This understanding is different from other Islamic schools, which tend to consider that a person’s identity as a Muslim is not against his/her other identity. Moderate Islamic schools do not see a conflict between their students’ identity as Muslims and as Indonesian citizens.

When a school builds this single Muslim identity, that school will also foster radical attitudes among students as they only believe in a single Islamic interpretation that is in line with their values.

Headmasters from this type of school usually order their students to follow all religious rituals at schools, despite the students’ different religious background.

A headmaster told us that his students with a NU background must abandon their prayer ritual in the morning called qunut when they are enrolled in his schools.

This policy is different from other schools that allow flexibility for their students in their religious practices.

In addition, the rejection of other identities creates a “we versus them” attitude not only between different religions but also within the larger Islamic community itself.

What we can do

These three types of schools contribute to the growth of intolerance as well as radicalism at schools, which can lead to terrorist acts.

Therefore, we believe that the recent terrorist attacks should give momentum to the government to plan preventive measures to promote diversity, social integrity and diverse identities in various schools across the country.

The government’s campaign on tolerance should reach different educational institutions via the Culture and Education Ministry as well as Religious Affairs Ministry.

The government must also provide platforms and programs to promote tolerance. Apart from that, related government institutions in the regions must develop the capacity to identify schools that are prone to radicalism and apply persuasive approaches to prevent the spread of radicalism in those schools.

via Countering the rise of radicalism in private Islamic schools in Indonesia – Opinion – The Jakarta Post

How political Islam is gaining ground in Southeast Asia despite the fall of Islamic State | South China Morning Post

More on Southeast Asia and the risks of political Islam:

The religious insurgency in the southern Philippines, which saw the capture of Marawi by fighters aligned to Islamic State last year, revealed the violent power of political religiosity. Given that Southeast Asia is home to a large proportion of the global Muslim population, transregional alliances formed between Southeast Asian terror groups and IS represent the possibility of religious warfare in the Middle East spilling over into Southeast Asia. The battlefield defeat of IS should not lull anyone into complacency. As a guerilla group, its scattered warriors remain a threat to nations, particularly the home states to which they are expected to return.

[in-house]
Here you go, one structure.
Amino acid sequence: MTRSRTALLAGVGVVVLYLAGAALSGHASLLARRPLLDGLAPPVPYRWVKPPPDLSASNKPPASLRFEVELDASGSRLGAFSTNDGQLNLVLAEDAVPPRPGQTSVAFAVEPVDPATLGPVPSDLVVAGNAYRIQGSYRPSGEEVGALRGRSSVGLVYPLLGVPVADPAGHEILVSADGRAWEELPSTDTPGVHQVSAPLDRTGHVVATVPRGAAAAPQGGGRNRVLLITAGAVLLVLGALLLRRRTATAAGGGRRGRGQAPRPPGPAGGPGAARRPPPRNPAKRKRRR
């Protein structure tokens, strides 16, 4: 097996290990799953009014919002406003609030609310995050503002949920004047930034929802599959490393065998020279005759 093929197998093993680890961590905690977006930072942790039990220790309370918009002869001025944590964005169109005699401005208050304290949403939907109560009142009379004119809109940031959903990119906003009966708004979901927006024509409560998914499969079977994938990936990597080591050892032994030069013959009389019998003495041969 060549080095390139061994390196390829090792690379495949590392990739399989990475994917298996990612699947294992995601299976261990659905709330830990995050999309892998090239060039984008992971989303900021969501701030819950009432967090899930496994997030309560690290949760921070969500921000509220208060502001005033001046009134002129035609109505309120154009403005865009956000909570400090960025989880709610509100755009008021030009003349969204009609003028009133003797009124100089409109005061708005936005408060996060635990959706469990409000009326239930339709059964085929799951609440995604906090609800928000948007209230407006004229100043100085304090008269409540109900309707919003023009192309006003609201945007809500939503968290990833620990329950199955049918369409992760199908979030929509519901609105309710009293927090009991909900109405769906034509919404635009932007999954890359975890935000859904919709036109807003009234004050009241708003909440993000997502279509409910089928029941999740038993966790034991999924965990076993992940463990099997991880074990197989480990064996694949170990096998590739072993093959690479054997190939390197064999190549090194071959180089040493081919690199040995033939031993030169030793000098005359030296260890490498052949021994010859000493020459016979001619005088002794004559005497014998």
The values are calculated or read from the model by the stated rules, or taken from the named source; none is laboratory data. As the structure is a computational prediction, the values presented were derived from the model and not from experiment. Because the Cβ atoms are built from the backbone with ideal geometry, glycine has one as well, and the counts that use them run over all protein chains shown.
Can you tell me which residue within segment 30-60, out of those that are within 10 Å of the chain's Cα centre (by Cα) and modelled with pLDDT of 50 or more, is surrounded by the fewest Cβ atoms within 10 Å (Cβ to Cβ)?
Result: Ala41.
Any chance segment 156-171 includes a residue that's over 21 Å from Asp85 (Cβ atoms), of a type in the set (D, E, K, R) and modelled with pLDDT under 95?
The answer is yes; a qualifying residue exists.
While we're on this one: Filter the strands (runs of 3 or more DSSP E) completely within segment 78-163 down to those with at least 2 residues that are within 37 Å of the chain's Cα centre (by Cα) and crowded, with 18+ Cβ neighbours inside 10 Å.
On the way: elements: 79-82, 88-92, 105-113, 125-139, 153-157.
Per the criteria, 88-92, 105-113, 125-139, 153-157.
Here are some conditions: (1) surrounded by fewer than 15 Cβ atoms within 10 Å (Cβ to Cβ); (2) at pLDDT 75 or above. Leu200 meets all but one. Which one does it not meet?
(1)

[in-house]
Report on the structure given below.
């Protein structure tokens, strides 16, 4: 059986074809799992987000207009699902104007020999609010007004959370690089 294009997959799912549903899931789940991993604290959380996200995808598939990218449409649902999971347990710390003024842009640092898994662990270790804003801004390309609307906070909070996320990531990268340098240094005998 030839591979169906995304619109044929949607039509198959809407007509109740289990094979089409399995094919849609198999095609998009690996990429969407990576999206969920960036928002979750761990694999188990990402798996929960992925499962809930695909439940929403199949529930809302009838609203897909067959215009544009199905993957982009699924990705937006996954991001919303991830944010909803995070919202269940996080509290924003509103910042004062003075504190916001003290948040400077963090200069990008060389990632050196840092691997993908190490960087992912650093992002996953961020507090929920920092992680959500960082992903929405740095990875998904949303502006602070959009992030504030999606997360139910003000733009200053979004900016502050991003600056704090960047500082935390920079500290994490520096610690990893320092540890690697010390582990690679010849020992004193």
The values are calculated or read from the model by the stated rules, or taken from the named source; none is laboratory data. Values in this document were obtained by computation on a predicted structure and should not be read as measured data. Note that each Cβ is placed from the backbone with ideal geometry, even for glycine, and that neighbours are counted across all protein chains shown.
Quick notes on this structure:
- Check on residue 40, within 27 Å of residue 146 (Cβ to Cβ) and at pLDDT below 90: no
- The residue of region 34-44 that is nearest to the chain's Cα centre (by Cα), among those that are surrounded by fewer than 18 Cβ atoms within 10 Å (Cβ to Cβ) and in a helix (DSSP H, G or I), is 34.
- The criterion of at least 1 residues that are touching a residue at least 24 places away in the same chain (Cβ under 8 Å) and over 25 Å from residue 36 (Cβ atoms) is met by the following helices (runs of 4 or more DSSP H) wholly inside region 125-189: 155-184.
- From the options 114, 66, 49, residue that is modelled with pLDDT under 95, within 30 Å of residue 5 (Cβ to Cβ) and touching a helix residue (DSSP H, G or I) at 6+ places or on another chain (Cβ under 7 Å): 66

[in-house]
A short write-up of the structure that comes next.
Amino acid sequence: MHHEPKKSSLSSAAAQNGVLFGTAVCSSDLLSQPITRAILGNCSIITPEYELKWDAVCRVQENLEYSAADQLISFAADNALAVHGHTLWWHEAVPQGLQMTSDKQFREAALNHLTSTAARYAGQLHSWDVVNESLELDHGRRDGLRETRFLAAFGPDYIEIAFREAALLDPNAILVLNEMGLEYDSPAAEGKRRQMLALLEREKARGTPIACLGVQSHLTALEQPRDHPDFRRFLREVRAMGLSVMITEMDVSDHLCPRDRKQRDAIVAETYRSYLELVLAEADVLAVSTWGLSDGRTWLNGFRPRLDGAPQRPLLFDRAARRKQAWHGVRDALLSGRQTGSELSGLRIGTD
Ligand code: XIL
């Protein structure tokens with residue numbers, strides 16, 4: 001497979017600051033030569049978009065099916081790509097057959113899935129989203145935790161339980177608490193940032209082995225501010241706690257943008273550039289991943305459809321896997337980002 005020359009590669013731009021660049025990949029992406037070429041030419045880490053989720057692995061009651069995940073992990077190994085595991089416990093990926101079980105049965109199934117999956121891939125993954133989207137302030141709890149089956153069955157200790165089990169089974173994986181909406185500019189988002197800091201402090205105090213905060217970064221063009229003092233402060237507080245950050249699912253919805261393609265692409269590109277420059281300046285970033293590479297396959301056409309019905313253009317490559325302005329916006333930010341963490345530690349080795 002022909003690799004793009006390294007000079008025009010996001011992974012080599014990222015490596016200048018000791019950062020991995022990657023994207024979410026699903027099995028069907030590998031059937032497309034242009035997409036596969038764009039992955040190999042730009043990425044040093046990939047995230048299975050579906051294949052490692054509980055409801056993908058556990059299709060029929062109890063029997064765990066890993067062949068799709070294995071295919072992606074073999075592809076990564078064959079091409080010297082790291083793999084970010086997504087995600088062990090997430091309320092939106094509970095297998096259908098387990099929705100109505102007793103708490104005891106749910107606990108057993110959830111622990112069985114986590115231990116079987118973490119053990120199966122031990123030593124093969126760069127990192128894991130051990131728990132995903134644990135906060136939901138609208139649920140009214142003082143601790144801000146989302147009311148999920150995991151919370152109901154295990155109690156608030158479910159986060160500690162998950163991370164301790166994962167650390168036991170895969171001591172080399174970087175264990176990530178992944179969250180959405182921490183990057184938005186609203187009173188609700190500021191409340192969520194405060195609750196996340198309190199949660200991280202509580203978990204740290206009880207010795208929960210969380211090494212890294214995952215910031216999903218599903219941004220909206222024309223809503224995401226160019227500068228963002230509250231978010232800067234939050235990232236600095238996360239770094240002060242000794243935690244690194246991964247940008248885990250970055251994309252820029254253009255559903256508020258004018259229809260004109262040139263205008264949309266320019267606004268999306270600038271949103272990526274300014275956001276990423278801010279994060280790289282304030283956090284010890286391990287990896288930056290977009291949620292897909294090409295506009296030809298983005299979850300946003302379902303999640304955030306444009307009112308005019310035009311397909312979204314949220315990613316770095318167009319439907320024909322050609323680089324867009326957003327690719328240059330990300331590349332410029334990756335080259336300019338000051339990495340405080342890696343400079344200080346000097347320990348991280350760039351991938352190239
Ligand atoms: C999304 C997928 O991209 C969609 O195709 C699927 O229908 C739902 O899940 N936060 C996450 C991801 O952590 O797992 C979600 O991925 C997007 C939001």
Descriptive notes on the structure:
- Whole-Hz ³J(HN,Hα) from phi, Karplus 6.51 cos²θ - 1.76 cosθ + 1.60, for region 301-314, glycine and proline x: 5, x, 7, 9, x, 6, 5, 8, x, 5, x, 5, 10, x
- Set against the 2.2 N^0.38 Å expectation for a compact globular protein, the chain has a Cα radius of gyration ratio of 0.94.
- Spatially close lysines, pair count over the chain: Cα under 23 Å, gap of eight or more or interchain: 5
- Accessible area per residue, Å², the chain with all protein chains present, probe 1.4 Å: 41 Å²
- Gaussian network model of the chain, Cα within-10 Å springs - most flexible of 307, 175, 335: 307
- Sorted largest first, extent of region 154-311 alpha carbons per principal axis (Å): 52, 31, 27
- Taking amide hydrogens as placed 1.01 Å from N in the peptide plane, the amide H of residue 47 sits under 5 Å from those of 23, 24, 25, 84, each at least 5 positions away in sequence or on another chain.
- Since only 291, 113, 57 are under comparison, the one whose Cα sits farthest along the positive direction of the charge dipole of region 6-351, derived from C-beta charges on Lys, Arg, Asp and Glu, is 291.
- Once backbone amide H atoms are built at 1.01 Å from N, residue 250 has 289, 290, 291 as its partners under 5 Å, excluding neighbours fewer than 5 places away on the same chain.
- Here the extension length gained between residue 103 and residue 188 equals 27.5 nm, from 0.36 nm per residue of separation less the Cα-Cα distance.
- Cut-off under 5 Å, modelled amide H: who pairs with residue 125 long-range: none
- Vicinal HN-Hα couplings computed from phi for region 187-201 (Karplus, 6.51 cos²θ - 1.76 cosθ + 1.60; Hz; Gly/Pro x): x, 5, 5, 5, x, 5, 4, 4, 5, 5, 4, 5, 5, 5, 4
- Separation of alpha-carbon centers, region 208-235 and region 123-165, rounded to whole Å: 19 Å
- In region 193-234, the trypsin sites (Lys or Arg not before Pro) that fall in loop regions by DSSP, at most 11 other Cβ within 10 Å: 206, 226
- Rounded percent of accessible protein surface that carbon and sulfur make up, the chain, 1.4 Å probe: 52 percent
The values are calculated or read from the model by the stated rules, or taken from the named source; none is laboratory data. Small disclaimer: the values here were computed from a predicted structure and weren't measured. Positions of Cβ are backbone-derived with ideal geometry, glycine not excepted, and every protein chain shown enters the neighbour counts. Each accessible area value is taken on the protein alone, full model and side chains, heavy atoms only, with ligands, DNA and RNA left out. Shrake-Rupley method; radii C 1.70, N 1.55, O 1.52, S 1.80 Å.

The growth of political Islam is undermining the very vocabulary of the public sphere in Southeast Asia

What unites the different manifestations of political Islam, ranging from electoral participation and street politics to outright terrorist war, is the idea of the capture of state power and its use to implement religious law. If there is a tussle, it is between the parliamentary and insurrectionary paths to power. However, the political outcome would be similar in both cases: the establishment of confessional states that could be expected to disenfranchise not only non-Muslims but also Muslims who owe national allegiance to secular democratic polities.

Indeed, what is frightening is how the growth of political Islam is undermining the very vocabulary of the public sphere in Southeast Asia. Words such as “liberalism”, “pluralism” and “democracy” have become suspect among even mainstream politicians, to say nothing of “secularism” or “socialism”. Liberals, pluralists and democrats are finding themselves in the defensive position of having to work their way delicately around the discursive space that the religious right has captured.

The rise of political Islam has generated countervailing forces in other religions. The popularity of a Thai Buddhist monk is a case in point. He rose to prominence after urging Buddhists across Thailand to burn down a mosque as punishment for every monk killed in the insurgency in the country’s south. He has made common cause with a monk in Myanmar famous for his anti-Muslim views. Given the violent dispossession of Myanmar’s Muslim Rohingya population last year, the potential of religious intolerance to dismantle the known order is immense.